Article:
The 1990s and early 2000s were littered with pudgy little point-and-shoot 35mm cameras. Gone were the sleek, straight lines of the 1970s and 1980s. But in were giant conveniences like autofocus, programmed autoexposure, built-in flashes with many modes, and zoom lenses. Even the big camera makers, including Pentax, were in the game. One of Pentax’s point-and shoot series was called IQZoom; this one is the IQZoom EZY.
Its lens and shutter aren’t really that fast: a 38-70 mm f/4.8-8.5 zoom of five elements in five groups, and a top speed of 1/320 sec., stepping down to 1/3 sec at its slowest. It reads the DX coding on film canisters from ISO 25 to 1600. It offers several shooting modes. A 123 lithium battery powers it all.
Mine includes a date back; not all of them did. Oh, and I hear that in some markets this camera was called the Espio 70-E.
By the way, if you’re into point-and-shoot 35mm cameras also check out my reviews of the Yashica T2, Kodak VR35 K40, Olympus Stylus, and Canon AF35ML. If you’re a Pentax fan, my gosh have you come to the right place. I adore my Pentax ME, and my Pentax KM. Or you can check out every film camera I’ve ever reviewe here.
This camera belonged to my friend Alice’s dad, who gave it to me with a bunch of his other gear. When I told Alice I was finally shooting this camera, she praised it as a solid performer, the go-to camera when her dad photographed family functions. She said its flash lit smiling family photos just right.
So naturally I shot nothing like that. Instead, I loaded up some Kodak Gold 400 and took it on a photo walk with Margaret through a couple neighborhoods on Indianapolis’s Near Eastside. We began in up-and-coming Cottage Home. The first thing I noticed about the IQZoom EZY was its rubbery, uncertain shutter button. Press it and at some point it decides you meant it and fires the shutter. Instantly, one second, two; you never know. Bleargh.
But the IQZoom EZY delivered good results, sharp and contrasty. The colors in the scans were blah. These might even be a smidgeon underexposed. But it took very little Photoshoppery to wake them up.
Cottage Home is currently a mix of restored and unrestored homes from around the turn of the last century, plus a handful of new homes. This was a working-class neighborhood in its heyday, but it didn’t fare well in the last half of the last century. It’s gentrifying now.
Most houses in Cottage Home are modest; this is a rare large, ornate one.
We also walked through nearby Woodruff Place, which was Indianapolis’s first suburb. Just writing that cracks me up, because it’s just a mile or so away from Downtown. But in 1872, when it was founded, that was a good distance away from the city. It is a planned community of three parallel boulevards lined with large homes.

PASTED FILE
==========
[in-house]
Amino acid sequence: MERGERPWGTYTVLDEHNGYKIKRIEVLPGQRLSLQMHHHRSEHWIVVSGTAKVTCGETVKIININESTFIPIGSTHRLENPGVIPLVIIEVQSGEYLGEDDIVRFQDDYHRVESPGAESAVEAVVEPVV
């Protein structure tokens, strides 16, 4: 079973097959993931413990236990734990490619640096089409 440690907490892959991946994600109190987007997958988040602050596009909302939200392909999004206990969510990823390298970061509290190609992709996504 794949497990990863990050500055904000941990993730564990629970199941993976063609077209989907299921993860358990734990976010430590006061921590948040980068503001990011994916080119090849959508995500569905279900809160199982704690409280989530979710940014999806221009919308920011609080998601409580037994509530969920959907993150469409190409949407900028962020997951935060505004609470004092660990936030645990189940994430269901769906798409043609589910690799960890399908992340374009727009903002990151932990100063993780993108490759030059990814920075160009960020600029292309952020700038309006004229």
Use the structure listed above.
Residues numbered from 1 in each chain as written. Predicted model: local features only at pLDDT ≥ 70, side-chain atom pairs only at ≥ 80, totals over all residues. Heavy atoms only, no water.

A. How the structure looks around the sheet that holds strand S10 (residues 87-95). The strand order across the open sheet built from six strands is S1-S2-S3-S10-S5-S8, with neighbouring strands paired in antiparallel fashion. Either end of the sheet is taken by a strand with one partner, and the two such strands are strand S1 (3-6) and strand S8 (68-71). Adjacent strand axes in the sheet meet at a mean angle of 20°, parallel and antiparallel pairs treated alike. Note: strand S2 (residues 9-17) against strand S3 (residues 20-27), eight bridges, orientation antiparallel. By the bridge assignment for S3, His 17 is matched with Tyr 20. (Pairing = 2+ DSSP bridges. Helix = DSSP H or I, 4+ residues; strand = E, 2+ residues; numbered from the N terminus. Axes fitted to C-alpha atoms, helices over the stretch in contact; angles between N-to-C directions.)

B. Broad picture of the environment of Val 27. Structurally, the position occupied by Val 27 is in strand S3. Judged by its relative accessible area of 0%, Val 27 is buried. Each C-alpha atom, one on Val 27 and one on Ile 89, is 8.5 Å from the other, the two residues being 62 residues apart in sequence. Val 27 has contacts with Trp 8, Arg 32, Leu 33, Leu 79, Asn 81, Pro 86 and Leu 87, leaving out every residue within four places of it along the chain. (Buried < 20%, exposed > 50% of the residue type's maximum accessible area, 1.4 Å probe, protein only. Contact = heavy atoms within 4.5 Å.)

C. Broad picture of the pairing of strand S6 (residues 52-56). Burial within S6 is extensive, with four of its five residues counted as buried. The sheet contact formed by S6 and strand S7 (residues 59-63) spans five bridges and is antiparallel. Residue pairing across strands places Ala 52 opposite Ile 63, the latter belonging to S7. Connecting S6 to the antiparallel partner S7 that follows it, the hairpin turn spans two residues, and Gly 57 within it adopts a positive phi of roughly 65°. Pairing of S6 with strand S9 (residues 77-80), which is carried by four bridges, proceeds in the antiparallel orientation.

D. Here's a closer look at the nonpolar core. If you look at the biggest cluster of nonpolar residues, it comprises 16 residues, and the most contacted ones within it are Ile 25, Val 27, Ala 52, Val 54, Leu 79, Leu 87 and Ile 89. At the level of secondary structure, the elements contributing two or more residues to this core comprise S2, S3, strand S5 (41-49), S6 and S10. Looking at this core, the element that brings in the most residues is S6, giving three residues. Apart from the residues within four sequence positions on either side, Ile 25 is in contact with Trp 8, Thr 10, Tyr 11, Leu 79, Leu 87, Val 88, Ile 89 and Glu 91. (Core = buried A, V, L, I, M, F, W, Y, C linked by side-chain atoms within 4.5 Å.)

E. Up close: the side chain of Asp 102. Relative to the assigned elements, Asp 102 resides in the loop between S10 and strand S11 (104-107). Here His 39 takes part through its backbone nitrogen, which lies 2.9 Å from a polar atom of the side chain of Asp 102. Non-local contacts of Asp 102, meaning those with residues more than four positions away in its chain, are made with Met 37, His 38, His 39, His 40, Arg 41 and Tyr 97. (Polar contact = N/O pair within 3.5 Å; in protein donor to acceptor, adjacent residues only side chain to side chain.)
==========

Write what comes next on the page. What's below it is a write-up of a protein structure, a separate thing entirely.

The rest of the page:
In contrast to working-class Cottage Home, Woodruff Place attracted the affluent, who built grand homes. But the neighborhood declined sharply after World War II. Gentrification came early to Woodruff Place, and since the 1980s and 1990s it’s been lovely and charming again. Home prices reflect that. Meanwhile, the setting sun and thick tree canopy conspired to dim the natural light. The IQZoom EZY switched on the flash and I couldn’t figure out how to turn it off.
I get it; these cameras are meant for people who don’t know anything about cameras. But I really hated having the flash fire. I’m very much a natural-light guy. I love the look of this storefront shot — except for the flash uselessly reflecting off that window.
I finished off the roll at home as my peonies began to bloom. The IQZoom EZY figured out what to focus on even at this close range.
But strangely, it whiffed focus entirely on this shot of my peony bush by the front door. This should have been easy for the EZY.
But back to Cottage Home for a moment, where this camera had its best moments.
To see more photos, check out my Pentax IQZoom EZY gallery.
The IQZoom EZY is a fair to middling 1990s-era point and shoot. Its rubbery-blubbery shutter button will guarantee I never shoot it again, but really, other than that it performed well enough. As I researched for this post, I found all sorts of people that picked up IQZoom-series cameras at thrift stores for a couple bucks. That seems about right.